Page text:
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Is Ezekiel Elliott’s absence really the problem with the Dallas offense?

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How effective has the Cowboys’ running game been without their All-Pro running back?

NFL: Philadelphia Eagles at Dallas Cowboys Tim Heitman-USA TODAY Sports

The Dallas Cowboys’ no good, very bad, horrible three-game losing streak has seen virtually every unit perform far below expectations. The one unit that has been at least competent is the running game. Dallas has averaged nearly 100 yards rushing per game and 4.4 yards per attempt during the skid. Those aren’t terrific numbers but they aren’t bad. One thing did catch my eye, however. The 100 yards per game would rank 24th in the NFL while the 4.4 YPA would rank 10th. This would seem to indicate Dallas should be running more. A deeper look might show whether this is true or not, and whether the Cowboys’ running game really has been effective.

Over the last three games here’s the Dallas play selection and result based upon down:

A couple observations:

  1. The passing game has been truly abysmal. Six yards per attempt is considered a bad NFL result and Dallas hasn’t been able to manage that number on any down. The 4.0 overall YPA reveals how truly anemic the passing game has become.
  2. On the flip side, the Dallas running game has been effective, especially on first down. In fact, at 4.9 YPA on first down runs, it’s reasonable to ask why the team doesn’t run more often on that down.

Here’s the same numbers by quarter:

Observations:

  • Again, terrible performances across-the-board in the passing game.
  • Note the 18-to-12 run-to-pass ratio in the third quarter. This seems to be the coaching staff recognizing the passing game isn’t working and trying to use the running game to establish some semblance of an offensive attack.
  • Note also the poor rushing performance in the fourth quarter. This is surprising in that Dallas has been trailing badly throughout most of these fourth quarters and (theoretically) facing prevent-type defenses willing to give up small ground gains. Instead, what few runs have been called in the fourth quarter have netted very few yards.

Here’s the play selection by quarter:

The third quarter warrants more attention for several reasons:

  1. It’s the only quarter where Dallas has called more run plays than pass plays.
  2. It’s the quarter where the Dallas running game has enjoyed the most success (6.6 yards per attempt).
  3. It’s been a pivotal quarter where all three games transformed from competitive (single score games in all three cases) to blowouts (Dallas outscored 36-0 in the frame).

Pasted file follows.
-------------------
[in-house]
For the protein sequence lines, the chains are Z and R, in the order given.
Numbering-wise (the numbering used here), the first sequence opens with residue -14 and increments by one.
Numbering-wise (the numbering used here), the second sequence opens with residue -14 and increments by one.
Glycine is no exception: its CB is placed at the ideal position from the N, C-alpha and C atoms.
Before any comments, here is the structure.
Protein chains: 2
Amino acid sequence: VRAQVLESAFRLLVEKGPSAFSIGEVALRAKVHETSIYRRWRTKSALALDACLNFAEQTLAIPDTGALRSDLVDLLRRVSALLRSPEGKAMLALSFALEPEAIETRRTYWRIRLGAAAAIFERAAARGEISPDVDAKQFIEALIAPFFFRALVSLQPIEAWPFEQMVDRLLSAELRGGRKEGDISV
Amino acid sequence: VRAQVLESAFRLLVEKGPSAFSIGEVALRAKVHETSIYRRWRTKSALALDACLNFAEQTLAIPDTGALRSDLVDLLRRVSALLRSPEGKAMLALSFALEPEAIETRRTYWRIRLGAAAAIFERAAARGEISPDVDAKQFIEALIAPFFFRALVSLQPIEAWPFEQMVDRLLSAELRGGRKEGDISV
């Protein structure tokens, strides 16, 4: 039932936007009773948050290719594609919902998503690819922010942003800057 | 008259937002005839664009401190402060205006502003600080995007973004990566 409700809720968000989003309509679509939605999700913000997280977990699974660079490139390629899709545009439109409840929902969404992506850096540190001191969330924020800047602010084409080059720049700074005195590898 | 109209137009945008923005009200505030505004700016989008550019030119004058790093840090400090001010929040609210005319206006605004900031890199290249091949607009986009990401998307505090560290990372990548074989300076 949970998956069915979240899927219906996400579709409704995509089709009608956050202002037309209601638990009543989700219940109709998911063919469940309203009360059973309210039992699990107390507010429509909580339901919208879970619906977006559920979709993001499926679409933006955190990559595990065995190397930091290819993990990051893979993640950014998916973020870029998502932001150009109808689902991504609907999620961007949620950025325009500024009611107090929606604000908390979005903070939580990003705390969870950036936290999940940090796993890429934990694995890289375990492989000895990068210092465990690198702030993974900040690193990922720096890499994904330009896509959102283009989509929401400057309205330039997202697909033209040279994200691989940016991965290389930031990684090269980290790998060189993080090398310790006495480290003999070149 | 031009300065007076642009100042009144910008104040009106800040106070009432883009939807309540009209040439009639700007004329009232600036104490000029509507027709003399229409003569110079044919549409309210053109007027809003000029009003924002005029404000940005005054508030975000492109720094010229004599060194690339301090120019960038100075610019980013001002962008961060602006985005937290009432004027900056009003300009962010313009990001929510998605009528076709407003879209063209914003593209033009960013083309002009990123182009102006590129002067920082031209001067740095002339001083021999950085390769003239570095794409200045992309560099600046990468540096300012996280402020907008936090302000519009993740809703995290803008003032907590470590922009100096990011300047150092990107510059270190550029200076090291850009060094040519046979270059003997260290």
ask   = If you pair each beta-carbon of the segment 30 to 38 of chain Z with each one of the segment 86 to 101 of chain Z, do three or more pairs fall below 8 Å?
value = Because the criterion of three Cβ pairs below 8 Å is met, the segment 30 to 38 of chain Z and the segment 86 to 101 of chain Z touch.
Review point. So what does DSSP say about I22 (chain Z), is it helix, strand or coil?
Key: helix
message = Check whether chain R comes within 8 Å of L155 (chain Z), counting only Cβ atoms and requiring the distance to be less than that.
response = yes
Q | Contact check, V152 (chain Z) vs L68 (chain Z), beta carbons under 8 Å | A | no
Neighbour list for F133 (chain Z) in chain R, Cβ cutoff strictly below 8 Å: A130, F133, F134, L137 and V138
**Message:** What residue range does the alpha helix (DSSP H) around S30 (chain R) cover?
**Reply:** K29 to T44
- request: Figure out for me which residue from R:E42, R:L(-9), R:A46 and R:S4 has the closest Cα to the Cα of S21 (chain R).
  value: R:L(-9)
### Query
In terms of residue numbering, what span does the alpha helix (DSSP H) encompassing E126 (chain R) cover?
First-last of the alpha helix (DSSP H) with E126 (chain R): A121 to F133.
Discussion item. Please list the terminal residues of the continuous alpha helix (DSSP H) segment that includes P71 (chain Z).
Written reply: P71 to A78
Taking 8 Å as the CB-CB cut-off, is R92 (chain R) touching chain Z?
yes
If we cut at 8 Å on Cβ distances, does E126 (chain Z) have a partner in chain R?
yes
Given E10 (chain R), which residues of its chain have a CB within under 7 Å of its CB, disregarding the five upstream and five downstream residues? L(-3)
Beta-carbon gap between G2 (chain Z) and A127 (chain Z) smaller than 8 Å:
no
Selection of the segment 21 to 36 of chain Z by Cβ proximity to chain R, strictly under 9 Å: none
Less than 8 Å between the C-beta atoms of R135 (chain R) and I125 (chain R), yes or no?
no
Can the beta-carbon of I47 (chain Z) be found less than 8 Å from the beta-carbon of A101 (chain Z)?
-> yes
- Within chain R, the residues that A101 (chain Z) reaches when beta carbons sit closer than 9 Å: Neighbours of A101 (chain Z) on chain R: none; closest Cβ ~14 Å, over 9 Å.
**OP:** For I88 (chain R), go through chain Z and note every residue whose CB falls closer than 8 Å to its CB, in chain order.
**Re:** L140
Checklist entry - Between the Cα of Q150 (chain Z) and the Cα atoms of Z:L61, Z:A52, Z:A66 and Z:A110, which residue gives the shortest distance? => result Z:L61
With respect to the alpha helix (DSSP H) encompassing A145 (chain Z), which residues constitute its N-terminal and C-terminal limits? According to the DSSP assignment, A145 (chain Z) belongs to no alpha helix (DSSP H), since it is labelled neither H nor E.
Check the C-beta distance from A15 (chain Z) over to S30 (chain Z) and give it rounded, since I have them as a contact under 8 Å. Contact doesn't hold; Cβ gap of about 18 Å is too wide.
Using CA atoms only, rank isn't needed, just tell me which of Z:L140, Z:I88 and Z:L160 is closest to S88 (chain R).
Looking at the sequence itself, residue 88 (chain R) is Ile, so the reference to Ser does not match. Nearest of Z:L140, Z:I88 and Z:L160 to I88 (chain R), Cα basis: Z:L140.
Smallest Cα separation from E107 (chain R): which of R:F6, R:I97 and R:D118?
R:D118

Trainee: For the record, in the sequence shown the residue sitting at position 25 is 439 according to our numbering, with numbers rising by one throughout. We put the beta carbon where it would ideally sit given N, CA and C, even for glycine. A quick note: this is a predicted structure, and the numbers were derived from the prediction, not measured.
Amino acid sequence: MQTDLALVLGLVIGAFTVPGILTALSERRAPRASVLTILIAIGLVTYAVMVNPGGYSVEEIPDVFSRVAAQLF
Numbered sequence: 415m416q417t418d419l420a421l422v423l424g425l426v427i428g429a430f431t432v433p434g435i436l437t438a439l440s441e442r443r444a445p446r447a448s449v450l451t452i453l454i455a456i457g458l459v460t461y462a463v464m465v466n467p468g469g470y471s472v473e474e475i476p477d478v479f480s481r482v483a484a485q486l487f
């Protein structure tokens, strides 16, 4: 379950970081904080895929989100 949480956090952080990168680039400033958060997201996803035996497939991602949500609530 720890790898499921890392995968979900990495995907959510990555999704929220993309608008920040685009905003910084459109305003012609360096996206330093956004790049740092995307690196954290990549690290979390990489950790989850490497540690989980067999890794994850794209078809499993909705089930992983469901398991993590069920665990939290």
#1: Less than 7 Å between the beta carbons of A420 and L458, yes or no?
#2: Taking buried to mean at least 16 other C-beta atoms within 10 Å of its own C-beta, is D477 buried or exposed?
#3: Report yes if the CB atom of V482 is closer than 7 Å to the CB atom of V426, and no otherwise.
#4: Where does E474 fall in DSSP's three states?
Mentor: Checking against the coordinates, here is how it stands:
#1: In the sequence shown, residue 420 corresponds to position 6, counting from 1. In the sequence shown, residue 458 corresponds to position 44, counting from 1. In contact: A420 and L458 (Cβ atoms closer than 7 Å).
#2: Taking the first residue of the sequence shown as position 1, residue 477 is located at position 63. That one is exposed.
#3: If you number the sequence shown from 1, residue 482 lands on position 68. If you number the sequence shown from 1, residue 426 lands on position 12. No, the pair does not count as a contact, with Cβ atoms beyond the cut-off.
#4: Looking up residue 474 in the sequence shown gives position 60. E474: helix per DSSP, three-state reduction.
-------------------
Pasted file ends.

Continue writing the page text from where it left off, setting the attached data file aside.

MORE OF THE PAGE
Let’s look at each third quarter offensive drive to understand why Dallas couldn’t capitalize on those effective running plays.

Atlanta third quarter drive

Dallas had only one third quarter offensive drive against the Falcons. It was their best, most successful drive of the game and it featured almost all run plays... until it didn’t and failed. Five runs (52 yards) and a single pass (6 yards) moved the ball from the Dallas 30 to the Atlanta 12.

It’s here where the Cowboys decision-making seemed to go haywire. If I’m calling plays at this point I call another running play because I know two things:

  1. Atlanta hasn’t been able to stop the run this drive
  2. Our left tackle can’t protect the quarterback

Scott Linehan decided instead to put the offense in shotgun formation with no running back to help protect. This was a first down play. Prescott was promptly sacked for seven yards. On 2nd and 17 Alfred Morris then lost two yards and a 3rd-and-19 pass gained only one yard before Mike Nugent missed a field goal attempt.

This was the key sequence of the game and the abandonment of the running game in this situation was questioned at the time and looks even dumber in retrospect.

Philadelphia third quarter drives

Similar to the Atlanta game, the Dallas running game came out with big runs on the team’s first second half series. Trailing 15-9, two runs moved the ball from the Dallas 29 to the Eagles’ 39. A first down run then lost a yard, a second down pass gained the yard back and a 3rd-and-10 pass fell incomplete. Hard to fault the decision-making in this situation.

The second drive also saw the Cowboys running the ball effectively. Two running plays gained 17 yards and a three-yard pass set the Cowboys up at the Dallas 45. The Cowboys now trailed 23-9 and had surrendered two long touchdown drives. The team desperately needed a score and any other result would be a true failure.